Godsgift Moses, Promise Owei, Thankgod Harold, Success Jumbo, Savior Samuel, and 30 more Nigerian students came to America hoping it would be the promised land.
It’s only fitting that “Opportunity is here” is the motto of Alabama State University, listed as one of America’s 100 Historic Black Colleges and Universities, and where they got full scholarships from a Nigerian government fund for four years of education. Instead of getting opportunity, they say the school took their country’s millions and used the money to discriminate against them.
In a lawsuit filed last week in federal court, 41 Nigerian nationals—many of whom are now Alabama State University alumni—allege the school overcharged them for books and meals, enrolled them in classes they never took, and more, all because they were black foreigners.
“They called us cash cows,” said Jimmy Iwezu, an ASU alum who claims the university intentionally mismanaged millions from a scholarship fund set up by the Nigerian government that was paid in advance for every exchange student. “I’m a black man and I’m proud to be black, but I felt discriminated against.”
The 37-year-old social work grad cites the school’s self-proclaimed autonomy to do whatever it wished with the seven-figure sum Nigeria prepaid back in 2013 for some 41 students to go to the school.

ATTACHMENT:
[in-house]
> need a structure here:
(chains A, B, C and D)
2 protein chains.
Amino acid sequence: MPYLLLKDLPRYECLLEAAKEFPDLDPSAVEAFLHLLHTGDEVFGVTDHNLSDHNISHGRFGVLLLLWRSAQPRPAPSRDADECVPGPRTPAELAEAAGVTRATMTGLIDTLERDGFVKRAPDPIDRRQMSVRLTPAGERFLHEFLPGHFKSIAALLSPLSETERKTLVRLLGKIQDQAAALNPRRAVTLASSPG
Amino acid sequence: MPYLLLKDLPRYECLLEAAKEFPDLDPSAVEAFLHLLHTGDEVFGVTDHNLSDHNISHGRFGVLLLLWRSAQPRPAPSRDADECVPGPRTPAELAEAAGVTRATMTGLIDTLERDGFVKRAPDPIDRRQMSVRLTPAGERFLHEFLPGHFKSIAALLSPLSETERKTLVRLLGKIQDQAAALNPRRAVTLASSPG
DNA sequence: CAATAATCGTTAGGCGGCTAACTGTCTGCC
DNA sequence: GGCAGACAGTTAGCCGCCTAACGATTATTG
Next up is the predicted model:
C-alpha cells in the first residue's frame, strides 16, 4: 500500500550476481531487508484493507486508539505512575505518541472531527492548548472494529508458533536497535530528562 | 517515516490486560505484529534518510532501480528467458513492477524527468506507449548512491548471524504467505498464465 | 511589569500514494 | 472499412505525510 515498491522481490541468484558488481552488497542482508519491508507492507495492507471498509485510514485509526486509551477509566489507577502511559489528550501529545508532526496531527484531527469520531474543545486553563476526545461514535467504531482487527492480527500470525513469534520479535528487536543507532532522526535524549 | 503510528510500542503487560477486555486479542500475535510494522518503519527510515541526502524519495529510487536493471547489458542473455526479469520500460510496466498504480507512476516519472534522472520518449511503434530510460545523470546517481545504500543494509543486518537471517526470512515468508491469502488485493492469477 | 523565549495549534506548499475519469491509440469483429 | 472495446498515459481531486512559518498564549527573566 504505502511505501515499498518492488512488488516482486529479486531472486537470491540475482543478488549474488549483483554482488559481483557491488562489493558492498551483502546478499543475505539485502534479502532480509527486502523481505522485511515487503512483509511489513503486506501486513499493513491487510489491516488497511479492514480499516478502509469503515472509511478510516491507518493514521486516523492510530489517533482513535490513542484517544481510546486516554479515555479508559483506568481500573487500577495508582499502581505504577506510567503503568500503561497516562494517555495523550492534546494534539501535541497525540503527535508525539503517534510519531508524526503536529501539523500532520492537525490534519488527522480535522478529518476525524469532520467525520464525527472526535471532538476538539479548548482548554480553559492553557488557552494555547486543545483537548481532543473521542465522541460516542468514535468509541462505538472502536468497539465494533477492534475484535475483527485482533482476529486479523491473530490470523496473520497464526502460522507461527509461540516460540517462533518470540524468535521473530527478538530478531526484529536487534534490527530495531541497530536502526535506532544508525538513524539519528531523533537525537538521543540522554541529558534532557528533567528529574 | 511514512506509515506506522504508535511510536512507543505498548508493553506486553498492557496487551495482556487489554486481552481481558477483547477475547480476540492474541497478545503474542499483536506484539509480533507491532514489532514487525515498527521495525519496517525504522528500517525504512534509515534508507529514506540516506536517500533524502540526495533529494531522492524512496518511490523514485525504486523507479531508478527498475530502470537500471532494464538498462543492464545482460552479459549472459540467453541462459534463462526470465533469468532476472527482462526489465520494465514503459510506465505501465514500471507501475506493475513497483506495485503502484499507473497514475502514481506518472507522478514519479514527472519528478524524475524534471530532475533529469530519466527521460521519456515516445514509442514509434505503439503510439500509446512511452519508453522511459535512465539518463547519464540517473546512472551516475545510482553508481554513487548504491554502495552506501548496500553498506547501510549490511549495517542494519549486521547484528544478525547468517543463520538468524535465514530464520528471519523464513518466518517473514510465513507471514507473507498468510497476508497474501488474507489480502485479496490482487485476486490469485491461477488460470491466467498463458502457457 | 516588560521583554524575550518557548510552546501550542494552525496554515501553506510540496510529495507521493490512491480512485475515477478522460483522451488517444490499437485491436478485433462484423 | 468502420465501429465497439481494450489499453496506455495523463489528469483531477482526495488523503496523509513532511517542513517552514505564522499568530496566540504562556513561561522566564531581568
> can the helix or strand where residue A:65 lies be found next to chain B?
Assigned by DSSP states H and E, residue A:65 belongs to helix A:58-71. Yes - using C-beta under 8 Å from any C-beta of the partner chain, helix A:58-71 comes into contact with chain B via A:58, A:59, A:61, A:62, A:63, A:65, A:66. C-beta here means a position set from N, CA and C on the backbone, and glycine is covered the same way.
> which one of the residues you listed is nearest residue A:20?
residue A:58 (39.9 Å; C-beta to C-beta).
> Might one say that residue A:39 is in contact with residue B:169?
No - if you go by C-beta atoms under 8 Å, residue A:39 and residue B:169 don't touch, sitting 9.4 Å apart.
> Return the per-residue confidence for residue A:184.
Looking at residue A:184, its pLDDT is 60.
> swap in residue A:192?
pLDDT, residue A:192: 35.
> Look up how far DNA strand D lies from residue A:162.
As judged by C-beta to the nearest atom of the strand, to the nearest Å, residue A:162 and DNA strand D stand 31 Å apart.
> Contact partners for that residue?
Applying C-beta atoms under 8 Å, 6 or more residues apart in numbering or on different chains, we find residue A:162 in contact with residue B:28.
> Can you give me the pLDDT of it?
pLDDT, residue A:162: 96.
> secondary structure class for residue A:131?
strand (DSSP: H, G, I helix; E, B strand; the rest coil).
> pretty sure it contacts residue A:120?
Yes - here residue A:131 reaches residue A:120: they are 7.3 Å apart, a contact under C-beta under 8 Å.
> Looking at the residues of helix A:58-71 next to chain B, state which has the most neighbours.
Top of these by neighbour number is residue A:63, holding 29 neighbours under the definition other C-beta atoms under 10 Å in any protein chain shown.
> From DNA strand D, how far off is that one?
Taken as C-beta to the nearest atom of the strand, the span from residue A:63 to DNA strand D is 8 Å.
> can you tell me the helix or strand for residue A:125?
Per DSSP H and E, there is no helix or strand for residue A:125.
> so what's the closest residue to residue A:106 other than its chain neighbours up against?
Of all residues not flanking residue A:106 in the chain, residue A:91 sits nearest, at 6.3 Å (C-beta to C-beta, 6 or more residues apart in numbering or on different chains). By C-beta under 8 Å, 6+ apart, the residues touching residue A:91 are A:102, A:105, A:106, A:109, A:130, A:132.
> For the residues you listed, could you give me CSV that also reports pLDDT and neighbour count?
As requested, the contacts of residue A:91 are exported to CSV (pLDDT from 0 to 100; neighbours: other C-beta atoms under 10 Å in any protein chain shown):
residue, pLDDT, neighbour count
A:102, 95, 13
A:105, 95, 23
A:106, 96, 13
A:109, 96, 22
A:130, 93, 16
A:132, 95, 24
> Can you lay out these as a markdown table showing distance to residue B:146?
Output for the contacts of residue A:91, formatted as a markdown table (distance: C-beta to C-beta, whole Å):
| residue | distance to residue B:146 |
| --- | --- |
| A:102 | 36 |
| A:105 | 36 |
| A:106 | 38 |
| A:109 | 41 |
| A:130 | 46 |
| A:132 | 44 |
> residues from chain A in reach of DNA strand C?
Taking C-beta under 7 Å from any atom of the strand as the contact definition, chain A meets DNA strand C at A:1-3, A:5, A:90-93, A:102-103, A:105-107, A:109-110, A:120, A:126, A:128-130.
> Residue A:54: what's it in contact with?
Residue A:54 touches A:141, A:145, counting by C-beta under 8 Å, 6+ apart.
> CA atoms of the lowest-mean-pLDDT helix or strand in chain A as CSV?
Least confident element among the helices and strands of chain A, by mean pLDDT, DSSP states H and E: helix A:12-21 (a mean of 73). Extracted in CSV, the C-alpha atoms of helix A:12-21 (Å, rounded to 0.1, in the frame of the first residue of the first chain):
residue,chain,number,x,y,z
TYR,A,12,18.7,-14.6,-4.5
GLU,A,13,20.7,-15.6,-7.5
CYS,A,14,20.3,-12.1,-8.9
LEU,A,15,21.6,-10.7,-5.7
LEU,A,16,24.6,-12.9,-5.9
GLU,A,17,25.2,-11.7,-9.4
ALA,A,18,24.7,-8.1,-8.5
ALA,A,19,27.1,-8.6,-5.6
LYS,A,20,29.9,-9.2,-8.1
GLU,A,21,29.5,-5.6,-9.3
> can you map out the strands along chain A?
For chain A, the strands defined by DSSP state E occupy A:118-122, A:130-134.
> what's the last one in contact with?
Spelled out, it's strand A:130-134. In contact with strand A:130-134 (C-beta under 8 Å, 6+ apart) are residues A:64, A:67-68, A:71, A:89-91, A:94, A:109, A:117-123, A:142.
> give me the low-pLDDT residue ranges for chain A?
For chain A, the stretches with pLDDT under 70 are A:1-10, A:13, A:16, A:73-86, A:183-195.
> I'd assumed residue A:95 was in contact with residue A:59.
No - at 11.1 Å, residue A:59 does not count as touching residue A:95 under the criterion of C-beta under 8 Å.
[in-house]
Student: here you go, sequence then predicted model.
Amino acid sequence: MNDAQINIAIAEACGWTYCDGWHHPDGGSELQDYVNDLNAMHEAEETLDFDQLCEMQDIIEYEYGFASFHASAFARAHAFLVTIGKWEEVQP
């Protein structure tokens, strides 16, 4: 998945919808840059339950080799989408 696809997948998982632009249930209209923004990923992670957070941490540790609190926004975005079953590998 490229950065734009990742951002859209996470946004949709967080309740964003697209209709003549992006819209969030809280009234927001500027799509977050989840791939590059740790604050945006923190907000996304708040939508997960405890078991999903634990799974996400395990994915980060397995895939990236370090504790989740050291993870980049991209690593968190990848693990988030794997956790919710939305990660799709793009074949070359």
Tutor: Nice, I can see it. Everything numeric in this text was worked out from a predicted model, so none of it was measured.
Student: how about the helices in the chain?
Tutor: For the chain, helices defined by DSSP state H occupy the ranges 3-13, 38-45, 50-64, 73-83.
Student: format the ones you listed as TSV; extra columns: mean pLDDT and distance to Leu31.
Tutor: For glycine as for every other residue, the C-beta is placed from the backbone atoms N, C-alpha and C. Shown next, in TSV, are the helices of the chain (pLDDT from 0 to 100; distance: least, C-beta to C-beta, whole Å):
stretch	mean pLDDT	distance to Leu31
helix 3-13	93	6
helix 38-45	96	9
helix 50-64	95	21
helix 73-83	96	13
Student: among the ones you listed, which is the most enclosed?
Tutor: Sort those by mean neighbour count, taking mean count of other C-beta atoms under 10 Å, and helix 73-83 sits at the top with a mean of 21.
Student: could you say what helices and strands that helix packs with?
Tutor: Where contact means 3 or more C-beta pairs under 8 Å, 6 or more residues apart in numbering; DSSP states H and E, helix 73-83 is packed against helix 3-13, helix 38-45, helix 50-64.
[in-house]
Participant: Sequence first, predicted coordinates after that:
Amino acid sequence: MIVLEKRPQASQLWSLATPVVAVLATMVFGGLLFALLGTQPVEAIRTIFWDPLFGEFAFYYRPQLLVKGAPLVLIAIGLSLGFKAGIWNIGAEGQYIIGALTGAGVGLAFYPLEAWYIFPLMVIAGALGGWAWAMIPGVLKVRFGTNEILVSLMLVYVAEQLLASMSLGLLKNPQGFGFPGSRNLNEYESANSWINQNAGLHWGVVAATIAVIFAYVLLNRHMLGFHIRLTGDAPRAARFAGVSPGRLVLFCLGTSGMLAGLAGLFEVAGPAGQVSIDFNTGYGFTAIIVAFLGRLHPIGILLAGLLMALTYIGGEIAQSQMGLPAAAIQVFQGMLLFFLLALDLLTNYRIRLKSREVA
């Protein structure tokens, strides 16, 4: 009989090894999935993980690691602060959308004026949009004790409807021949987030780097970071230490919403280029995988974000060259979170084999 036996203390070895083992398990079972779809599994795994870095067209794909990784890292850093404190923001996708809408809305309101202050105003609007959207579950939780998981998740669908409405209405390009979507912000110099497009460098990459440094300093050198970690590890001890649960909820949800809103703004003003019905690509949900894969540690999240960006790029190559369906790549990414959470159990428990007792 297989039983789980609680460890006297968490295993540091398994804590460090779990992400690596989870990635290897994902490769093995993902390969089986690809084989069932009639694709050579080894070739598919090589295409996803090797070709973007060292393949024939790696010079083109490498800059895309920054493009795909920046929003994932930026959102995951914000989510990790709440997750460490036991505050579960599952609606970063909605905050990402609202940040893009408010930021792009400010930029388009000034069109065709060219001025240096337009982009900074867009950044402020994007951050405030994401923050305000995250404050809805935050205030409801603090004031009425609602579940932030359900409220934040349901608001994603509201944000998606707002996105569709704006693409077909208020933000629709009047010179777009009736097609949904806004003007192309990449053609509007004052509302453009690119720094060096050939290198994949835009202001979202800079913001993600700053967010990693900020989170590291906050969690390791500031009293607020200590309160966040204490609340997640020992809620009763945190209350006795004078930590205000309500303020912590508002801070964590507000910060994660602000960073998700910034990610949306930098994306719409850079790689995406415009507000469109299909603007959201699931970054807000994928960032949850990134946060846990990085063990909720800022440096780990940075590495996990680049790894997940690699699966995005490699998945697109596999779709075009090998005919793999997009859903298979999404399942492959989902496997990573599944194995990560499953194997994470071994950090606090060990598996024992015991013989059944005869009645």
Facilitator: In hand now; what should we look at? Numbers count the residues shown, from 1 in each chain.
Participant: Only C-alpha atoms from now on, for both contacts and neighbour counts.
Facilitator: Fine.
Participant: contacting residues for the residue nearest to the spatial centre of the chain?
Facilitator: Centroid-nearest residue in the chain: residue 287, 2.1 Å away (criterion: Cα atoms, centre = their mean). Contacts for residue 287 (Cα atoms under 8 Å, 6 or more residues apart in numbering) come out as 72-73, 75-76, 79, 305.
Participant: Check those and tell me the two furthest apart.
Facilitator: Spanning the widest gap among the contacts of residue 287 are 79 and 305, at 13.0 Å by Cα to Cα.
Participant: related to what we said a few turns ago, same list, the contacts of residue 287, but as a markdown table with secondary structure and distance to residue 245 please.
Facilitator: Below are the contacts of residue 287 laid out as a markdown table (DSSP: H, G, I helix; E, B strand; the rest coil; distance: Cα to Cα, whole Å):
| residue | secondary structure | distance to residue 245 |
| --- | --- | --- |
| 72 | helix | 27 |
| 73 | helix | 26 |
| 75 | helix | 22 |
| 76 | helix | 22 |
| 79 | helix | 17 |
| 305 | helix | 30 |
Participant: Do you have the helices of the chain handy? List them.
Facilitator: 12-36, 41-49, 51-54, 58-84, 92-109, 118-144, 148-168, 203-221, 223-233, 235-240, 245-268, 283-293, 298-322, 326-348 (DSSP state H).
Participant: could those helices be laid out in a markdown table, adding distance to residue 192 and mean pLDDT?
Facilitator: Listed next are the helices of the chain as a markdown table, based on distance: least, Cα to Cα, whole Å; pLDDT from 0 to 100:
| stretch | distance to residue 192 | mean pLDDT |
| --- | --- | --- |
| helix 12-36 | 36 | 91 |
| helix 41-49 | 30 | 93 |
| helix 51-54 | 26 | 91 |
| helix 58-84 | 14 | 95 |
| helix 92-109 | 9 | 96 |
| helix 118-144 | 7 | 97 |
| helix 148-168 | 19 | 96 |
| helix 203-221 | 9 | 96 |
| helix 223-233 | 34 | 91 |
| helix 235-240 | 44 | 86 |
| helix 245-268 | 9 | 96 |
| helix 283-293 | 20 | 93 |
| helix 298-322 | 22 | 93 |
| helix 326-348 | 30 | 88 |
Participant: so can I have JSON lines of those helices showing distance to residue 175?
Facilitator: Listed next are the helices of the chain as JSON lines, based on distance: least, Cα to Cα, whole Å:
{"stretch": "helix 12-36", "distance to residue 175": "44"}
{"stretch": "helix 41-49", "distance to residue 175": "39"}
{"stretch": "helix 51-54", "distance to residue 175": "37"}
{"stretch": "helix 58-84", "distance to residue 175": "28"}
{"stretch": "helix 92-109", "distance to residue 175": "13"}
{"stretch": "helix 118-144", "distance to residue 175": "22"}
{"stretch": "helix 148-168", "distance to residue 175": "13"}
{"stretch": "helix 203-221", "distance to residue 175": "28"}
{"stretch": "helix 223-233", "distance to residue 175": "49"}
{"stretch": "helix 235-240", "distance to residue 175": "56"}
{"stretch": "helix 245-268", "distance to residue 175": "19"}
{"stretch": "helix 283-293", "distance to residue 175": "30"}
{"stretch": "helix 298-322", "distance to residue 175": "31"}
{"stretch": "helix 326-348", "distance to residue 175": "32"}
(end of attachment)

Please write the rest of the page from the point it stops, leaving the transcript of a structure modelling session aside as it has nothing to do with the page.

Attorney Julian McPhillips, who brought the lawsuit to court for the second time—the first attempt, back in April, accused the school of breaching its contract with Nigeria and was dismissed—suggests ASU violated Title VI civil rights.
The students allege they were shorted their deserved monies by ASU “because of their Nigerian national origin,” according to the lawsuit.
McPhillips contends ASU hammered the students with exorbitant “billing” and they weren’t “being treated like other students” when the school allegedly inflated the costs of staples like books and room and board, and repurposed the funds to pay for the school’s “bond issues” and to help front costs for “a new stadium,” and, ironically, a center for civil rights awareness.
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